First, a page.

British Are Most Eager to Support Ukraine Out of NATO’s Four Biggest Economies
Russia’s invasion of Ukraine represents its latest test of the resolve of the West’s most influential nations, and new surveys show it’s the British who are most likely to say their country has a responsibility to protect Ukraine from President Vladimir Putin. However, large numbers in each of the four major NATO countries still support punishing Russia, including via suspending its access to the international SWIFT banking system.
On the numbers
- Nearly half (46 percent) of British adults surveyed on Feb. 24 said their country's government has a responsibility to protect and defend Ukraine from Russia, compared with 40 percent of U.S. voters, 39 percent of German adults and 35 percent of French adults. Only in the United Kingdom was that sense of responsibility approaching a consensus.
- The British people also overwhelmingly support their government’s sanctions against five Russian banks and three oligarchs close to Russian President Vladimir Putin and cancellation of a visa program for Russian investors: 71 percent back the moves, versus 9 percent who oppose them.
- The British are also more ready to confront Russia with military might than their continental counterparts, with 38 percent in the United Kingdom joining 45 percent of U.S. voters in saying NATO should deploy more troops to eastern Europe even at the risk of direct military conflict with Russia, compared to just 22 percent in both Germany and France.
- Still, Europeans are not turning their backs on Ukrainians fleeing violence: 71 percent in Germany, 69 percent in the United Kingdom and 58 percent in France say their governments have a responsibility to help refugees during humanitarian crises. Respectively, nearly identical shares also back the U.S. deployment of troops to Poland and Romania to assist with evacuations.
The big picture
The West’s response to Russia’s invasion of Ukraine does not yet include one of the most biting provisions brought up over the preceding weeks: the expulsion of Russia from the SWIFT banking system that facilitates global trade and financial flows. Armed with a Kalashnikov carbine, former Ukrainian President Petro Poroshenko on Friday said Russian President Vladimir Putin had “declared a war to the whole world" by invading Ukraine and issued a plea for the West to cut Russia out of the world financial system in response. Clear majorities in the United States, United Kingdom and Germany say they now support such a move, as do nearly half of the French.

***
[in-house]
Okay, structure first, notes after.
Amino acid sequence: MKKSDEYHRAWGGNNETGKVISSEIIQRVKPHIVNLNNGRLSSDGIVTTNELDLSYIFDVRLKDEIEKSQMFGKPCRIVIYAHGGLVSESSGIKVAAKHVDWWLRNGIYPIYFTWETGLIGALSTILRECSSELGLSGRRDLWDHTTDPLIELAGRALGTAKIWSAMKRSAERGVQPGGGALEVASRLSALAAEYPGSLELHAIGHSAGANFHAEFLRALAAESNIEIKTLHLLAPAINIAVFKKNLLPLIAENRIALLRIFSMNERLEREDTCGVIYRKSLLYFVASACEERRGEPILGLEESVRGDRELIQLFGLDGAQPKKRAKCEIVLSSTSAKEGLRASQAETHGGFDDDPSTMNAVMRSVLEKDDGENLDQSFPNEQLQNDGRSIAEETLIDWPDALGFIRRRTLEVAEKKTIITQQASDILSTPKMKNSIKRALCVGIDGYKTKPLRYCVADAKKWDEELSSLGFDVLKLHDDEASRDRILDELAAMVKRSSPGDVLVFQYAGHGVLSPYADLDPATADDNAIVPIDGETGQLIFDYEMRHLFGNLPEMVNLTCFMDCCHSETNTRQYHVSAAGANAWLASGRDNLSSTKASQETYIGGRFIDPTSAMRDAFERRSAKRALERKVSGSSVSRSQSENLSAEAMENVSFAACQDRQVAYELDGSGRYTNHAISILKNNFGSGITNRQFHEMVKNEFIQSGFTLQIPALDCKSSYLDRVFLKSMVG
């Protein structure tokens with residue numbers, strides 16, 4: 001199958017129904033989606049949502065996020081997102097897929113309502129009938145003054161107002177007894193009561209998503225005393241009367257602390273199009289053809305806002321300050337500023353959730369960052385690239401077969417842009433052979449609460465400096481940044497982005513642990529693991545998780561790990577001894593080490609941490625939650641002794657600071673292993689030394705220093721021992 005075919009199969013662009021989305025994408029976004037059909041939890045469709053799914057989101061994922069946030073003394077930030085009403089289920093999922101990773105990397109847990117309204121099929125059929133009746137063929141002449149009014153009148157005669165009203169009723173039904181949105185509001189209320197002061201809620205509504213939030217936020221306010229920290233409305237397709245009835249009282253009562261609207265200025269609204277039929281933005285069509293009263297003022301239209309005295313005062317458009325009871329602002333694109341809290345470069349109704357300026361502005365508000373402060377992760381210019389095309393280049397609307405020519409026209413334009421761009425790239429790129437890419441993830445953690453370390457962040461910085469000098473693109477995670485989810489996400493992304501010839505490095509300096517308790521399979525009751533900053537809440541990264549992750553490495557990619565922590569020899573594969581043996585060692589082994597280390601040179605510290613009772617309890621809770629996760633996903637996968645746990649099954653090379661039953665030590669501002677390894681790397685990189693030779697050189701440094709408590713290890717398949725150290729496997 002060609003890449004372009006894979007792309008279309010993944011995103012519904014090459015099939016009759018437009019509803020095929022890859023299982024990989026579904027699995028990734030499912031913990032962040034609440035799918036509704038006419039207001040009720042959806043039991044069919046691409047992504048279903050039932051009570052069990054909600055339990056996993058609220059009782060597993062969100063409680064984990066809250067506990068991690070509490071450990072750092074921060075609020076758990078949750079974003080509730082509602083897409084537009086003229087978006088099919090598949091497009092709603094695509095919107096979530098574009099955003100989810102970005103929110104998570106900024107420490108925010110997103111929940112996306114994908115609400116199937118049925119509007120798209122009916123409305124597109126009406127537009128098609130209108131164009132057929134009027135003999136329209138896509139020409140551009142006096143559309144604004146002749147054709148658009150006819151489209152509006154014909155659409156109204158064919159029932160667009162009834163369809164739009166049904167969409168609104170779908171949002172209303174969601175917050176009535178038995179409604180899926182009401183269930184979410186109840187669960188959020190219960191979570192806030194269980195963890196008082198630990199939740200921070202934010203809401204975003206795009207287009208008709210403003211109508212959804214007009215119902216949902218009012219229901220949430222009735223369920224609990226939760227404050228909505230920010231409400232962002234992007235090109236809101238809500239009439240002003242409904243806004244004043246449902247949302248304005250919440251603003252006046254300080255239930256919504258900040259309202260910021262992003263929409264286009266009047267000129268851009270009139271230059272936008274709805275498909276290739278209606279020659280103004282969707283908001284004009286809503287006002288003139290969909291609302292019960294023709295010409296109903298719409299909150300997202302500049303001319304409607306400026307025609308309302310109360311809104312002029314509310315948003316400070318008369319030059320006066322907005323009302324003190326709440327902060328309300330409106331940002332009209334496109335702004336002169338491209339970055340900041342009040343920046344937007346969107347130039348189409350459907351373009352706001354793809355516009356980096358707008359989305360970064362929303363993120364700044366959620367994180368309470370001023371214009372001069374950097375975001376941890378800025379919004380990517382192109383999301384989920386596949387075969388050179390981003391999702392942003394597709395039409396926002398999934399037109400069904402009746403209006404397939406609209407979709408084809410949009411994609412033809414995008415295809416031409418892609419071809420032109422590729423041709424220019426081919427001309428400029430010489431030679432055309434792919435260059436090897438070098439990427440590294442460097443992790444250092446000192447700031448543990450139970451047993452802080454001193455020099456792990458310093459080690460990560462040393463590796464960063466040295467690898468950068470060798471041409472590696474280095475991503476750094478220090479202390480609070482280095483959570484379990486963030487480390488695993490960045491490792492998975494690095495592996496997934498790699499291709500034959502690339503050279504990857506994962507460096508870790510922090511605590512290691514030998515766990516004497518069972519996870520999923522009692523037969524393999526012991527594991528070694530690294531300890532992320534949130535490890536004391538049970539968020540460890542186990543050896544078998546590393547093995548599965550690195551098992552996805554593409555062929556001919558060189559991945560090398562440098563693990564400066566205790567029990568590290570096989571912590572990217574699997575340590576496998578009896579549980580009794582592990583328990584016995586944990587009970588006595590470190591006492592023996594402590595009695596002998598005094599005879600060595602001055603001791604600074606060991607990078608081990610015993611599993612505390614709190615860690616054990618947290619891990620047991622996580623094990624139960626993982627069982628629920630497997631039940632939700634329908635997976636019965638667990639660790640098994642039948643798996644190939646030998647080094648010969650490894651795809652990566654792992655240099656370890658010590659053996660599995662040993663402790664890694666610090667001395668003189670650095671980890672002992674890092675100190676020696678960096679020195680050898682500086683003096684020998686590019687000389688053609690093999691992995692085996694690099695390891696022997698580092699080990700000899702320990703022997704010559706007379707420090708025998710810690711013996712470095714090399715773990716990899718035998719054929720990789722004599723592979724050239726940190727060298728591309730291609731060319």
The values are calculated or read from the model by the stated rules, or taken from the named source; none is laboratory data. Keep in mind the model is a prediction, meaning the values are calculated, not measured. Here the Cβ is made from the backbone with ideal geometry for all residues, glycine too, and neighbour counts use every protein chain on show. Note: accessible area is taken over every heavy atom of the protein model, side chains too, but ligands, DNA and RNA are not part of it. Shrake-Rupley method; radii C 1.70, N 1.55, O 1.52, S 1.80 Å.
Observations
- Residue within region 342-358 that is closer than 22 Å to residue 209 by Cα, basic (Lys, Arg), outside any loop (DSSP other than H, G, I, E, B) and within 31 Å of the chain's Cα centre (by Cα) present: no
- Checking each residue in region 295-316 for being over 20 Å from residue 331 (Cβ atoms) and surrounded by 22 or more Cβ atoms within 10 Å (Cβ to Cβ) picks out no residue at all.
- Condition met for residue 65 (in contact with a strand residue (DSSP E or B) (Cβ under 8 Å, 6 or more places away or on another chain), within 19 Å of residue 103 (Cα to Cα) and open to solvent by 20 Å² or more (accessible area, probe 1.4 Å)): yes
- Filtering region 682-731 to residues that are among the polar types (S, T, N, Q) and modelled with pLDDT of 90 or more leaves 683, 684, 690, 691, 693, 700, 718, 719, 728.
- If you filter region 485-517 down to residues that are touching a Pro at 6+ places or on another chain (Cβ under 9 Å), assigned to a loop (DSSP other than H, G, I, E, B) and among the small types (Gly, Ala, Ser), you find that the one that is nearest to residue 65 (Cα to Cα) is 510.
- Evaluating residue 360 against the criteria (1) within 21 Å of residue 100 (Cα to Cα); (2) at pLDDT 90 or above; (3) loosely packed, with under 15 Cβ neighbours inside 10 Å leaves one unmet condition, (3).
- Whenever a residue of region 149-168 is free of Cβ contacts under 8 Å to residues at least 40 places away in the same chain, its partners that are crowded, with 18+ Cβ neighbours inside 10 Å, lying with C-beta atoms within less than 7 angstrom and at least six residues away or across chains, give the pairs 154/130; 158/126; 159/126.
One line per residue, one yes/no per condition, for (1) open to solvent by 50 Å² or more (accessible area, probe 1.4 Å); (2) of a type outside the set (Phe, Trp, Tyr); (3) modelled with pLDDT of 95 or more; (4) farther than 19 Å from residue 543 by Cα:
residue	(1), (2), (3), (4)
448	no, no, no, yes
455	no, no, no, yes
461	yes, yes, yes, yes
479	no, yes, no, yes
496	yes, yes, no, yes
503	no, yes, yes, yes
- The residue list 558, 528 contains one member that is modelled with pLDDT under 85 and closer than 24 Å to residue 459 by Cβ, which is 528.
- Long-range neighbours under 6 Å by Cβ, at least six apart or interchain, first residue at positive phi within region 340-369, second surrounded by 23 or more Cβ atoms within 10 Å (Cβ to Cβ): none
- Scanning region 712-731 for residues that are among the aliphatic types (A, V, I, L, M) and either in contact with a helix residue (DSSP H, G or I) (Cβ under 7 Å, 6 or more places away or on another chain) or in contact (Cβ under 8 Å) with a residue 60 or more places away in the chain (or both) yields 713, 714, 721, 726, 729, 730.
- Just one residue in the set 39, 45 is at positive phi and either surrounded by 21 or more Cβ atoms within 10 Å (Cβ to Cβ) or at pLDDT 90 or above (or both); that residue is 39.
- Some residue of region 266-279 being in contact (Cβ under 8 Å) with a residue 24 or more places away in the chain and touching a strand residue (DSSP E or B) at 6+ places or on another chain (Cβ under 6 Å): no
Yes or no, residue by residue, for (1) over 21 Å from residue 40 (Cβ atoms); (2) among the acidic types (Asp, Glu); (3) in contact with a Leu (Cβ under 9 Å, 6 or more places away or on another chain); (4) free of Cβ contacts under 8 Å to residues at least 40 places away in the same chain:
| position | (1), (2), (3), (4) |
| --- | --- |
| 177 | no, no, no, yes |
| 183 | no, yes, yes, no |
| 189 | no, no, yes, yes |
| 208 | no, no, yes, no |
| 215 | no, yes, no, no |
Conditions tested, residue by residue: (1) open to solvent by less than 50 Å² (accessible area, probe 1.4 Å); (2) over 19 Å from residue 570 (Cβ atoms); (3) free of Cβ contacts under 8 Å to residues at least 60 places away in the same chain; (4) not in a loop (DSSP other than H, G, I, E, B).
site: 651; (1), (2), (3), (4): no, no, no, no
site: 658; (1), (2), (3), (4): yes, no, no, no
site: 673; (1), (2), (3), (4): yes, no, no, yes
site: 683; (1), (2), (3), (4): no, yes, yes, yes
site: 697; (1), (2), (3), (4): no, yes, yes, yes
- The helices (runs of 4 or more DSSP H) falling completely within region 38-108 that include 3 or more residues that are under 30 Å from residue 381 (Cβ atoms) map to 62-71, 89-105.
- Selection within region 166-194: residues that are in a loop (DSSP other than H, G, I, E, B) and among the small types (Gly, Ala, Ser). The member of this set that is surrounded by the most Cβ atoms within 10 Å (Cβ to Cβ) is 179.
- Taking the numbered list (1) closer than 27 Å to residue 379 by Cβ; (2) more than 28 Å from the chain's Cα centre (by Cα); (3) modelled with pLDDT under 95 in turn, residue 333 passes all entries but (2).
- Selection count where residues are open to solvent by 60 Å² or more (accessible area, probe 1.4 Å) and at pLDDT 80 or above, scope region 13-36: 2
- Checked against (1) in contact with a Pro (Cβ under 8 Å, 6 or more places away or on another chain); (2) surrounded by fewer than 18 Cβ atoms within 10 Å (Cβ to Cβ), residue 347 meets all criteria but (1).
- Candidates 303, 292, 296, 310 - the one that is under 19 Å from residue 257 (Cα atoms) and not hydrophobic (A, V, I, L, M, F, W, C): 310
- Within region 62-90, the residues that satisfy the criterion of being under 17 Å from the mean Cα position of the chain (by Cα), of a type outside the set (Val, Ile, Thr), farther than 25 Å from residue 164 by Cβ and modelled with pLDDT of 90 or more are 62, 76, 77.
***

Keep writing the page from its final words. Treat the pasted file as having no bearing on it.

However, cutting Russian banks out of the SWIFT system would create obstacles for European creditors hoping to collect on an estimated $30 billion of loans issued in Russia and encourage more nondollar denominated trade, and U.S. President Joe Biden has said NATO member countries in Europe oppose the move for now. Strategic considerations may also be at play, with allies looking to reserve their most powerful sanctions for later.
British Prime Minister Boris Johnson has supported the move, though, and has shown little hesitation in stepping out ahead of the pack by unilaterally slapping sanctions on key figures and institutions in Russia and closing an immigration loophole utilized by wealthy Russians. The British public appears the most ready to take the fight to Russia, with 40 percent favoring dispatching both troops and weapons to Ukraine over just sending weapons or sending no support — the highest among all four countries and nearly double the number in Germany.
What else you need to know
- Germans had previously split over canceling the Nord Stream 2 gas pipeline, and Chancellor Olaf Scholz walked such a fine line on the issue that he would not even say the project’s name at a press conference with Biden this month. However, 54 percent of Germans now support his move to cancel the pipeline, compared to just 37 percent who supported a hypothetical cancellation in the case of a Russian invasion of Ukraine in a Jan. 20-25 survey.
- The prospect of a domestic political backlash associated with the economic costs of the West’s punitive measures is also apparent: Adults in all four countries were slightly more likely to express concern about the rising prices of food, energy and goods than they were to express alarm about Russia’s invasion. However, the bulk of U.S. voters surveyed after the invasion indicated that the pain at the pump or in the shopping aisle is less important than countering Putin with sanctions.
The latest surveys were conducted Feb. 24, 2022, among 1,717 registered voters in the United States and roughly 1,000 adults in France, Germany and the United Kingdom. Responses among U.S. voters have a 2-point margin of error while responses among adults in other countries have a 3-point margin of error.